Jimi Sandhu has lived here since age 7, but Ottawa wants him deported
BY KIM BOLAN, VANCOUVER SUN
METRO VANCOUVER — To police, Jimi Sandhu is a violent gang associate and they warned the public about him earlier this year after a murder charge against him was stayed.
To Sandhu and his supporters, he’s just a guy who’s made a few bad choices that shouldn’t cost him his future in Canada.
Sandhu, 26, is appealing an order by the Immigration and Refugee Board to deport him to his native India because of his criminal history.
He told his story Thursday to Immigration Appeal Division member Maryanne Kingma, who reserved her decision on his case.
He came to Canada at the age of seven, adopted by his grandmother as his mom in Punjab wanted him to have more opportunities.
Sandhu said he felt alienated by other family members in Abbotsford who didn’t like how his grandmother doted on him.
He started smoking pot and drinking in Grade 9, getting into trouble in school and later with the police.
“I was hanging around with the wrong crowd. I was hanging around with people who were partying, getting into fights,” he testified.
Some had gang links. Some were selling drugs, he admitted as two Vancouver police officers provided security at the hearing in downtown Vancouver.
He denied murdering Red Scorpion gang leader Matt Campbell in January 2014. He was charged with second-degree murder a month after the fatal stabbing, but that charge was stayed in February 2015 and Sandhu was released from custody.
He didn’t go into details about what happened the day Campbell’s throat was slit outside an Abbotsford car dealership, as his lawyer Peter Edelmann said there’s a chance the charge could be reinstated.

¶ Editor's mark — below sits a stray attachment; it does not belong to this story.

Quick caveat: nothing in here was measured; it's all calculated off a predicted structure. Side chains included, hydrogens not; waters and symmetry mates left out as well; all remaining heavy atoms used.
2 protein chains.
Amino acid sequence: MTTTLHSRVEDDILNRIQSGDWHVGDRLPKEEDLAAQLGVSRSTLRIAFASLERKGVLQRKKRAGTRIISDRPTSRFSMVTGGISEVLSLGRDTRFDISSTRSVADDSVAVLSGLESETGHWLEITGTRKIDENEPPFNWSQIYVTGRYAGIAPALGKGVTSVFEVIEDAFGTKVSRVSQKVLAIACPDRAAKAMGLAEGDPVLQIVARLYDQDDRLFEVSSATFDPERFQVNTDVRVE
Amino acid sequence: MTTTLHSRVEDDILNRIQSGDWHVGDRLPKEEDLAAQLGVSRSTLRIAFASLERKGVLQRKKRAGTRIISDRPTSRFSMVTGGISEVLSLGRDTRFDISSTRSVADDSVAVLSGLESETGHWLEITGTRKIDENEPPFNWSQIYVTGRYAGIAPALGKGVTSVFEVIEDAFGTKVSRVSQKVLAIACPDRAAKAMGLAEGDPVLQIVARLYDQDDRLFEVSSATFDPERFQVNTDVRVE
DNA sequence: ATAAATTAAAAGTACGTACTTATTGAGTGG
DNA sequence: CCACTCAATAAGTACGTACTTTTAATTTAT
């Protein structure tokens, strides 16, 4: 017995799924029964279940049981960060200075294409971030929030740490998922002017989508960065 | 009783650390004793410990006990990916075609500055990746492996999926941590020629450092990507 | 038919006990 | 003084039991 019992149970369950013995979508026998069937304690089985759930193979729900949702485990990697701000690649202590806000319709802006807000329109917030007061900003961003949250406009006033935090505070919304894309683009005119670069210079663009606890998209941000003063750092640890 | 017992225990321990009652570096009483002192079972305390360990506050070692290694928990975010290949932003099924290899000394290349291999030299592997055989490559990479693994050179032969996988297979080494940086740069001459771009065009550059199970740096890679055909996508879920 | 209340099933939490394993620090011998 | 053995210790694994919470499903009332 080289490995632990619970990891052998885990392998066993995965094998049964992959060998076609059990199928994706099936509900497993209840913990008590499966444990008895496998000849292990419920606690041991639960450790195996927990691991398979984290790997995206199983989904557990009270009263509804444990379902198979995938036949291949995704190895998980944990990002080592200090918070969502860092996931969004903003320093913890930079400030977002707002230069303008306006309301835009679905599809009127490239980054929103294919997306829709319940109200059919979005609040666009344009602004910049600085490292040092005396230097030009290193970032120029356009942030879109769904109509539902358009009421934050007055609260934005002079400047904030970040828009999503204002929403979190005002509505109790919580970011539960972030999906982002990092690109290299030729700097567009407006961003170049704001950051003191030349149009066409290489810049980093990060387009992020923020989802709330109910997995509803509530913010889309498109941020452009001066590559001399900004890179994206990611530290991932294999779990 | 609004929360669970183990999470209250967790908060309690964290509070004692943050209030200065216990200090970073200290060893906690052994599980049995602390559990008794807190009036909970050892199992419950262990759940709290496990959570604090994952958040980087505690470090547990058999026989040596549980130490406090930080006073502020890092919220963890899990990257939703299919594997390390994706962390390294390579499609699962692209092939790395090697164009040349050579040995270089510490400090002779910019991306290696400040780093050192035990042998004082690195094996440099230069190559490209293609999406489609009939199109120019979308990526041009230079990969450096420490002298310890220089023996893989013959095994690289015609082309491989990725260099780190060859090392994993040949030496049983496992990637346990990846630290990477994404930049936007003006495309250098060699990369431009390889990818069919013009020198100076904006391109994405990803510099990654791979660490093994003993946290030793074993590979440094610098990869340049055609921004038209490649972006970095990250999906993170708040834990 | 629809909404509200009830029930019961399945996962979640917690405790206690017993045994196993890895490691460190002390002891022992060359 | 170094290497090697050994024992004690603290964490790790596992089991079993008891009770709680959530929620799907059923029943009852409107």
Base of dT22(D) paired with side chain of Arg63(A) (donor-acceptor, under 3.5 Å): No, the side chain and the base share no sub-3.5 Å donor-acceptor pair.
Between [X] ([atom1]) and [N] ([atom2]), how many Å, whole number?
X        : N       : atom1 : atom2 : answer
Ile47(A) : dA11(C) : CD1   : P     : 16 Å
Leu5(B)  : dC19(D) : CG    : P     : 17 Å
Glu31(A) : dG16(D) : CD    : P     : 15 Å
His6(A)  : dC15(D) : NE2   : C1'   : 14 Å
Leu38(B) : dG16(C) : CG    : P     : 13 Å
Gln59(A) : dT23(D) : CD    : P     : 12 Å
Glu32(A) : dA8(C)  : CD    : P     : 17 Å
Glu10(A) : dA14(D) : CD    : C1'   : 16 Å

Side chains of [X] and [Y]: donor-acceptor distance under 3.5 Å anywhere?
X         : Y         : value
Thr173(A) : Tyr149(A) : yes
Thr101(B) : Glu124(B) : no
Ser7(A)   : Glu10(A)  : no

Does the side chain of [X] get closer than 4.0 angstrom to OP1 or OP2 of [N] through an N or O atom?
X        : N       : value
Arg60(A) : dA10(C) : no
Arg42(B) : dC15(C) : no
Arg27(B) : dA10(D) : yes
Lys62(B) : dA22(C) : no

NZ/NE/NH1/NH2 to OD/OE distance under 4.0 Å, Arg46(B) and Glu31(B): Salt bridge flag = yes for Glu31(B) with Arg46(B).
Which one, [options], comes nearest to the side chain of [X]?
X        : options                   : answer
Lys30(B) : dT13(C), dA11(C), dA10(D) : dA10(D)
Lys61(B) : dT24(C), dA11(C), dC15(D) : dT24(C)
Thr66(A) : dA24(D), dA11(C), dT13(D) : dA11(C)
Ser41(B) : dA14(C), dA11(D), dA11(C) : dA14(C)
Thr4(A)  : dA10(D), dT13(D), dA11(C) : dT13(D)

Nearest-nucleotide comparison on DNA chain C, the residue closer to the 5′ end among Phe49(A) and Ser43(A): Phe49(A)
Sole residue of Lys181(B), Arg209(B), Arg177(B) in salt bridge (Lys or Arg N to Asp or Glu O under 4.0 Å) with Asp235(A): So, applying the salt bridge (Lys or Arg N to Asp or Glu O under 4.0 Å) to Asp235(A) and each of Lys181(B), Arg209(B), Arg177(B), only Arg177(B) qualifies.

Sandhu described two convictions for assaulting people with weapons to which he pleaded guilty. The first occurred in March 2010 and the pregnant victim told police Sandhu had broken into her home, knocked her to the ground and threatened her with brass knuckles.
He said Thursday that it was actually a friend he brought along who committed the assault, even though Sandhu “took the responsibility and pleaded guilty to that.”
“I will never do something like that again,” he said.
Then there was the incident on Granville Street in February 2012 where he hit two strangers in the head with a brick after an confrontation between them and his friend.
“I didn’t want to see my friend get injured at the time,” he testified. “I regret doing that.”
He admitted that he has had friends in the Dhak-Duhre and United Nations gangs.
But he said that once he met his future wife, a law student, he knew he wanted to change his path.
“I know that path is either go to jail or you die,” he said of his criminal life.
They got married in August. He said he is now living in Edmonton and working, as well as trying to get a limousine business off the ground there.
“I would just like one chance one opportunity to prove myself to you,” he said to Kingma. “I won’t let you down.”
But Sean R. Carey, representing the federal public safety minister, said Sandhu is not rehabilitated and has only made recent changes “to bolster” his appeal.
“There is no evidence of significant rehabilitation in this case,” he said.
Shortly after Sandhu was released from jail last February, “he gets into a car while intoxicated and drives at excessive speeds,” Carey said. It was a rented Jaguar.
In March, Abbotsford police issued the warning that associating with Sandhu could put people at risk because of his gang connections.
“He has testified that he had been affiliated to the Dhak-Duhre group through friends and associates that he previously had,” Carey said.
And he said Sandhu appears to be minimizing his role in the assaults which “shows a lack of remorse.”
He said Sandhu has already been given many second chances “and the public safety minister submits he has squandered them.”
But Edelmann said his client has already started on a new path and should be allowed to continue in Canada.
“He has been in Canada since he was 7 years old. He is essentially Canadian,” he said.